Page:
All photographs in this gallery have been kindly provided by Tim Willasey-Wilsey ©
The Victoria and Albert Battery at Port Royal, Jamaica
Tim Willasey-Wilsey, Visiting Senior Research Fellow at King’s College, London
Opposite the capital of Kingston Jamaica runs the “palisadoes” a narrow causeway at the tip of which stands Port Royal, the town famously destroyed by the earthquake of 1692. Two of the town’s forts, Fort James and Fort Carlisle disappeared under the waves but Fort Charles survived “much shattered”. It was rebuilt by the famous engineer Colonel Christian Lilley and still remains in remarkably good condition with old cannon lining the parapets and an evocative plaque to Horatio Nelson who commanded the fort in 1779. In spite of the destruction of two thirds of the town, Port Royal remained a major British naval base until 1905.
However Fort Charles’s defences were not deemed sufficient by the late 19th Century. Outside the ramparts of the fort towards the open sea stands the Victoria and Albert Battery, built in 1888 on land thrown up by the 1692 quake. It consists of 4 circular gun emplacements, originally built for two 9.2 inch and two 6 inch naval guns, intended to defend the naval base from threats from the sea. The four emplacements are said to have been connected by tunnels; but the earthquake of 1907 inflicted significant damage on the whole site. By then the naval base had closed and© it was clearly not worth rebuilding the battery. So it remains more or less as it was on the afternoon of 14th January that year. A small artillery storehouse on the site still leans over crazily at nearly 45 degrees, testament to the force of the 6.5 magnitude shock.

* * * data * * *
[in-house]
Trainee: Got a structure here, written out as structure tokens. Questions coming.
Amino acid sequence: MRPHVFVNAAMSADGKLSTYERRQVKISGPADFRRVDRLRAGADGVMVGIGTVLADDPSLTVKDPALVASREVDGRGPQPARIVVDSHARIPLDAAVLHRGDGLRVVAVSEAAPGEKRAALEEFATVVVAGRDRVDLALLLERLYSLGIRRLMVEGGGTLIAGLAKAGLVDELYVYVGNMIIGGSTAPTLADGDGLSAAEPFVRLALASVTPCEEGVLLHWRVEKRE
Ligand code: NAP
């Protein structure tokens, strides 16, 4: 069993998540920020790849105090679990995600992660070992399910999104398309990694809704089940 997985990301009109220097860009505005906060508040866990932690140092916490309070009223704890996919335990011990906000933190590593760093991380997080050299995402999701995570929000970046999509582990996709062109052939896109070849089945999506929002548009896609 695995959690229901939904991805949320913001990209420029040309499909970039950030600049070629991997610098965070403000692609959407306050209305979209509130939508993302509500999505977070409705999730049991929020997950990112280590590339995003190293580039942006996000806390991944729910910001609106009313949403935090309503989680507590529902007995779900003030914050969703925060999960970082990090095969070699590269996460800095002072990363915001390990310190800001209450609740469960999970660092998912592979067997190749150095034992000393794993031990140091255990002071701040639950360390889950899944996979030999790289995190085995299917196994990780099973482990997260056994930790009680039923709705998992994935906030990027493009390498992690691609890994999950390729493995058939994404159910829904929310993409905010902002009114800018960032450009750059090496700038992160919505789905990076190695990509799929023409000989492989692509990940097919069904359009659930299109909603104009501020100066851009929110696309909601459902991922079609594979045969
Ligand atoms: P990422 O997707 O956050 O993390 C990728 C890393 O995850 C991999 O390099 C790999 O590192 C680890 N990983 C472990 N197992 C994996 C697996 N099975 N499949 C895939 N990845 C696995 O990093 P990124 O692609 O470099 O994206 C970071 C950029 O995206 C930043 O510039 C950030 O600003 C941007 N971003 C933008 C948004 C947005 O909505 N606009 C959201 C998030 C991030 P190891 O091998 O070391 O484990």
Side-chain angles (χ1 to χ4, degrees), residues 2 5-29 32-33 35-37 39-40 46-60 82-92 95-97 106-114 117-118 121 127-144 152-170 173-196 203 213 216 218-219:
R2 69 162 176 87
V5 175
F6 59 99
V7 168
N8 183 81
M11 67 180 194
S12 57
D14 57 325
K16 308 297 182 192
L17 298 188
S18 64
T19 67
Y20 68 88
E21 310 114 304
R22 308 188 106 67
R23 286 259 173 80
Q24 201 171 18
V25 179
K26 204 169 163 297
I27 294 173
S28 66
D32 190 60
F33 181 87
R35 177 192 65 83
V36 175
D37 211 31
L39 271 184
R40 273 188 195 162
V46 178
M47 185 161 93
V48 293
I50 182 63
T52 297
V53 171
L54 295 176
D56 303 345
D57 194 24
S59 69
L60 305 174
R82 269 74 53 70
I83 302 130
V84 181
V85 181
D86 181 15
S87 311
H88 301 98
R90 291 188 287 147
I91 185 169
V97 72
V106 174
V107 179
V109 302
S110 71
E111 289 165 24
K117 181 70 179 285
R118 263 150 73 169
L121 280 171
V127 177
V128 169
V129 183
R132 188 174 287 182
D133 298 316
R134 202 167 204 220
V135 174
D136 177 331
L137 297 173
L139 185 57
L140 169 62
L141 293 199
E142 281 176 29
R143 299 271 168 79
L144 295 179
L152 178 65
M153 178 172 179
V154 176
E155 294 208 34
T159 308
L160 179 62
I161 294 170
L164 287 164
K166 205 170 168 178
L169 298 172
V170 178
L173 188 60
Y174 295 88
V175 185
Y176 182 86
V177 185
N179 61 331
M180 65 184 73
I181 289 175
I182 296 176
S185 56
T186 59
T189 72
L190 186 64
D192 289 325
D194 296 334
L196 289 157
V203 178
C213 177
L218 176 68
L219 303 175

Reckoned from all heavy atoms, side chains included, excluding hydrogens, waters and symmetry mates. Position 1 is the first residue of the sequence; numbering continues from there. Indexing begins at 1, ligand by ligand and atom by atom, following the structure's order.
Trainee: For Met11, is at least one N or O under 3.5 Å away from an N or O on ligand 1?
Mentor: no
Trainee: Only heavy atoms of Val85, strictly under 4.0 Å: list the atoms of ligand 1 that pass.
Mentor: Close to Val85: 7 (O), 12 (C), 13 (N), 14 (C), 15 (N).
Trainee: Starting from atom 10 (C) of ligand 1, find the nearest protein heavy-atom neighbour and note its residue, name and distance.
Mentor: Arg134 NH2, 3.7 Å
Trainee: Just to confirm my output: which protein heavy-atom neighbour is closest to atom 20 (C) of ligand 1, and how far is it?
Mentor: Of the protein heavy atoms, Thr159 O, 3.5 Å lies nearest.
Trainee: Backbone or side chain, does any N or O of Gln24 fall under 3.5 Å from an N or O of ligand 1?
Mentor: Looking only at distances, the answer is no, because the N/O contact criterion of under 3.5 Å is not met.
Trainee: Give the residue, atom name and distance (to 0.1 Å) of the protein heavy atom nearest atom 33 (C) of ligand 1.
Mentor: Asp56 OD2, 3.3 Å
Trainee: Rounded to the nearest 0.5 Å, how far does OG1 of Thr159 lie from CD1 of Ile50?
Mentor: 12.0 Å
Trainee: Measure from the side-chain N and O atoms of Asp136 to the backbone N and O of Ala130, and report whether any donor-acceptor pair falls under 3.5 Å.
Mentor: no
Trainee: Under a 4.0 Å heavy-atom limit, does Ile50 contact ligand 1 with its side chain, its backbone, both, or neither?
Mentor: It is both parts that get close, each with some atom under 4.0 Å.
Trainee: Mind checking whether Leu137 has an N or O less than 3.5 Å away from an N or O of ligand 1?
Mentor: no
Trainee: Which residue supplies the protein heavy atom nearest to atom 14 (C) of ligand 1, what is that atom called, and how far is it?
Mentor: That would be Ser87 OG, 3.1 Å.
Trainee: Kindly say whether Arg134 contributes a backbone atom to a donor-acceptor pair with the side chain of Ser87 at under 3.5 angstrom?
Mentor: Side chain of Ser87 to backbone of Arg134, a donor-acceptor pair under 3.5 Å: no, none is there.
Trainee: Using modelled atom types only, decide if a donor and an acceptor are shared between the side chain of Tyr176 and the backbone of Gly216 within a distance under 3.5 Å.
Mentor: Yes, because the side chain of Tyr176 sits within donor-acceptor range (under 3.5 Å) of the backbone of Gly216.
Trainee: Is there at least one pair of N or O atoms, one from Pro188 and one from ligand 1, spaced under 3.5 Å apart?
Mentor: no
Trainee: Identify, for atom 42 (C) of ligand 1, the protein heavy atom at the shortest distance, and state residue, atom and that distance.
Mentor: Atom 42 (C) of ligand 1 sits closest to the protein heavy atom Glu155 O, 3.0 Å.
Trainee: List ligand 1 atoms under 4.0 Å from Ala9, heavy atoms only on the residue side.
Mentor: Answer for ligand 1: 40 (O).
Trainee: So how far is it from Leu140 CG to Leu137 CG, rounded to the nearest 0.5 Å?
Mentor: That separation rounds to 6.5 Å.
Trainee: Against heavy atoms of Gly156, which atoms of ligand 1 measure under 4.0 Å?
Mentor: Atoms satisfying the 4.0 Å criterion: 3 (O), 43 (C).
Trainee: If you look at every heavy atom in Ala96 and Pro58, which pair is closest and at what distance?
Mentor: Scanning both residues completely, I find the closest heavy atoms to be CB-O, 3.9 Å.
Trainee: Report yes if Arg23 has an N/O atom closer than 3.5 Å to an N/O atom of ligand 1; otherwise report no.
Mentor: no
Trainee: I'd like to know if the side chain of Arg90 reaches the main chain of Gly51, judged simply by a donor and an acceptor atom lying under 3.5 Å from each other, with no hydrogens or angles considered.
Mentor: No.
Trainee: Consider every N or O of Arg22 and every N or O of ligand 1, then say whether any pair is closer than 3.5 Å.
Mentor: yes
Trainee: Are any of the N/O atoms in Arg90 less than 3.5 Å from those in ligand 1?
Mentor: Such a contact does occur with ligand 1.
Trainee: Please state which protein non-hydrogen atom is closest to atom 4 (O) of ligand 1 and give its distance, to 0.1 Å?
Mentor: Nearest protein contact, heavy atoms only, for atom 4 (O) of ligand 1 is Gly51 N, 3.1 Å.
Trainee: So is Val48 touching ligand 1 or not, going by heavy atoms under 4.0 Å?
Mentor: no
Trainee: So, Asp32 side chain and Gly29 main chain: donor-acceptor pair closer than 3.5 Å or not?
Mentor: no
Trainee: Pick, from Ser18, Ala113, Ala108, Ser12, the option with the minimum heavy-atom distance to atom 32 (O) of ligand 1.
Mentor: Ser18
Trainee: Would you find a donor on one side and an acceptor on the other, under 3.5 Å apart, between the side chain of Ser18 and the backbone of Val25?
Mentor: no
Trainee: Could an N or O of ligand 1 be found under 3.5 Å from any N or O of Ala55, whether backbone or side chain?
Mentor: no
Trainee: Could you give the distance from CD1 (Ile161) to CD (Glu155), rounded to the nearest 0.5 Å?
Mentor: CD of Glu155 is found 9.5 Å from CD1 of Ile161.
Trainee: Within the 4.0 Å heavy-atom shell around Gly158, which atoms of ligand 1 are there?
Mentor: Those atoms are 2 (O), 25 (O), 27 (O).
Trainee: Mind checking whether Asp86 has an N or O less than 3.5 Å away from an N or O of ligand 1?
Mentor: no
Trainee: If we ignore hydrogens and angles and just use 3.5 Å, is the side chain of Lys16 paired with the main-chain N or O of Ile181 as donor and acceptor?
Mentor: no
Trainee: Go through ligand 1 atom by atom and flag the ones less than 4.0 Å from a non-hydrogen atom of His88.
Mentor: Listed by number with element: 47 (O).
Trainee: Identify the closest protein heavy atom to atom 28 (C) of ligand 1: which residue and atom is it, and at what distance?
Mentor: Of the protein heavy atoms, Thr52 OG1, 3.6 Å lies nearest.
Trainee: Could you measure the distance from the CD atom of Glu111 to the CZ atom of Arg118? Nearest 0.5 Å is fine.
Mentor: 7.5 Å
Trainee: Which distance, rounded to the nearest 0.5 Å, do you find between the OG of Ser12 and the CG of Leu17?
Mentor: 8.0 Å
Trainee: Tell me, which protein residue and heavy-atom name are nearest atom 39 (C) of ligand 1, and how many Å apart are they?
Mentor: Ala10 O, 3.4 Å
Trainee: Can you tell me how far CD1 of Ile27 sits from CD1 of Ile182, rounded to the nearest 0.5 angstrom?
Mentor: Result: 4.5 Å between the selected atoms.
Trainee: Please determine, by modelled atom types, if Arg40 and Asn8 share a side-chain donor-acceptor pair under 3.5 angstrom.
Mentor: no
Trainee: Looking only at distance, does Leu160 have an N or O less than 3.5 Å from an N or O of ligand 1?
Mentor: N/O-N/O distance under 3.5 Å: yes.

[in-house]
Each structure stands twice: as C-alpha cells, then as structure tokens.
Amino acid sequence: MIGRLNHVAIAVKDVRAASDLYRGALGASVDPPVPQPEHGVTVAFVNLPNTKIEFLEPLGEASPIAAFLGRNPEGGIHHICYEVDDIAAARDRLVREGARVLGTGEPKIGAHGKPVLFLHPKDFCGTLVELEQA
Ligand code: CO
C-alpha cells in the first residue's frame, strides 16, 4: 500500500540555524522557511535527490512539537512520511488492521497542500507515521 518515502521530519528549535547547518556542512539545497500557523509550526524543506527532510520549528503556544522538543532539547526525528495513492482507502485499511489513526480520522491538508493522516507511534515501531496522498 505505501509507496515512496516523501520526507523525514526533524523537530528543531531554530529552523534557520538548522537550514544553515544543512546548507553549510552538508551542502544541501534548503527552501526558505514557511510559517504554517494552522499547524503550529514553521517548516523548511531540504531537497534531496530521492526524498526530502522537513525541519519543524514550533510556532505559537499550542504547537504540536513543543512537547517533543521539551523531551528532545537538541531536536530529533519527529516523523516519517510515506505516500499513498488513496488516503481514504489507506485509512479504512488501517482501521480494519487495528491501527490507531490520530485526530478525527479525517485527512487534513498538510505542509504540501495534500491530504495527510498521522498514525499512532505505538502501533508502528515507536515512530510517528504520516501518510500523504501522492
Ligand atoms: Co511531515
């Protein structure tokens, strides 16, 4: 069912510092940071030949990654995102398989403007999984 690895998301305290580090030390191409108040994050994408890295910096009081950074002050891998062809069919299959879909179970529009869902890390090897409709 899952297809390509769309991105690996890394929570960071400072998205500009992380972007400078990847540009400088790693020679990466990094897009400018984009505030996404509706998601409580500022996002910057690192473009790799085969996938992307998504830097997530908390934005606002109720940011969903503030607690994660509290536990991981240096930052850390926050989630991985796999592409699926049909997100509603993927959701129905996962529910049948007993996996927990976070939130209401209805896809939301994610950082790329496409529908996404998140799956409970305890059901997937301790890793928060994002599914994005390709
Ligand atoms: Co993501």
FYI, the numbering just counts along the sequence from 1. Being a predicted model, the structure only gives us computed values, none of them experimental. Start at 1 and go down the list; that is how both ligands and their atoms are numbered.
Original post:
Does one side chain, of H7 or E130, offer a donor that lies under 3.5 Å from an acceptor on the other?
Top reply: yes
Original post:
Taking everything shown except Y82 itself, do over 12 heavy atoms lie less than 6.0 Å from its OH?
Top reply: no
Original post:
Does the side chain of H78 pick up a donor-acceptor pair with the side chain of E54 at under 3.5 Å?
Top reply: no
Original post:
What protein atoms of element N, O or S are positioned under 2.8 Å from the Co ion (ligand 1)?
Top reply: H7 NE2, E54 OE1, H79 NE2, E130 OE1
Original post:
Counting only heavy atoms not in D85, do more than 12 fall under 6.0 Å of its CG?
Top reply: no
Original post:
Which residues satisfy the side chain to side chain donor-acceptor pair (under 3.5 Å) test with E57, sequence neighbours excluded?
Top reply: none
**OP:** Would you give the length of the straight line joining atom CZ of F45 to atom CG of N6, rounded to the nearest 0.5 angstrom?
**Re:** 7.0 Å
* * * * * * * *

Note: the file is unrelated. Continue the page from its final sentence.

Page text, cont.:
But the biggest surprise is the survival on site of one of the two 9.2 inch guns in remarkably fine condition, albeit missing its breech. According to the “Victorian Forts and Artillery” website it is a Mark 1 model. The Mark 1 was not a great success and none of this early version was thought suitable for installation aboard warships. Instead coastal defence was a better option and the two examples sent to Jamaica were installed on hydro-pneumatic (HP) “disappearing” carriages. The attached plates demonstrate the principle. For reloading the weapon is lowered down into its protective emplacement before being raised again to fire.
Sources and further reading
Cundall, Frank. Historic Jamaica. London: Institute of Jamaica, 1915.
Pawson, Michael and Buisseret, David. Port Royal, Jamaica. Kingston; UWI, 1974
Moore, David. Victorian Forts and Artillery website.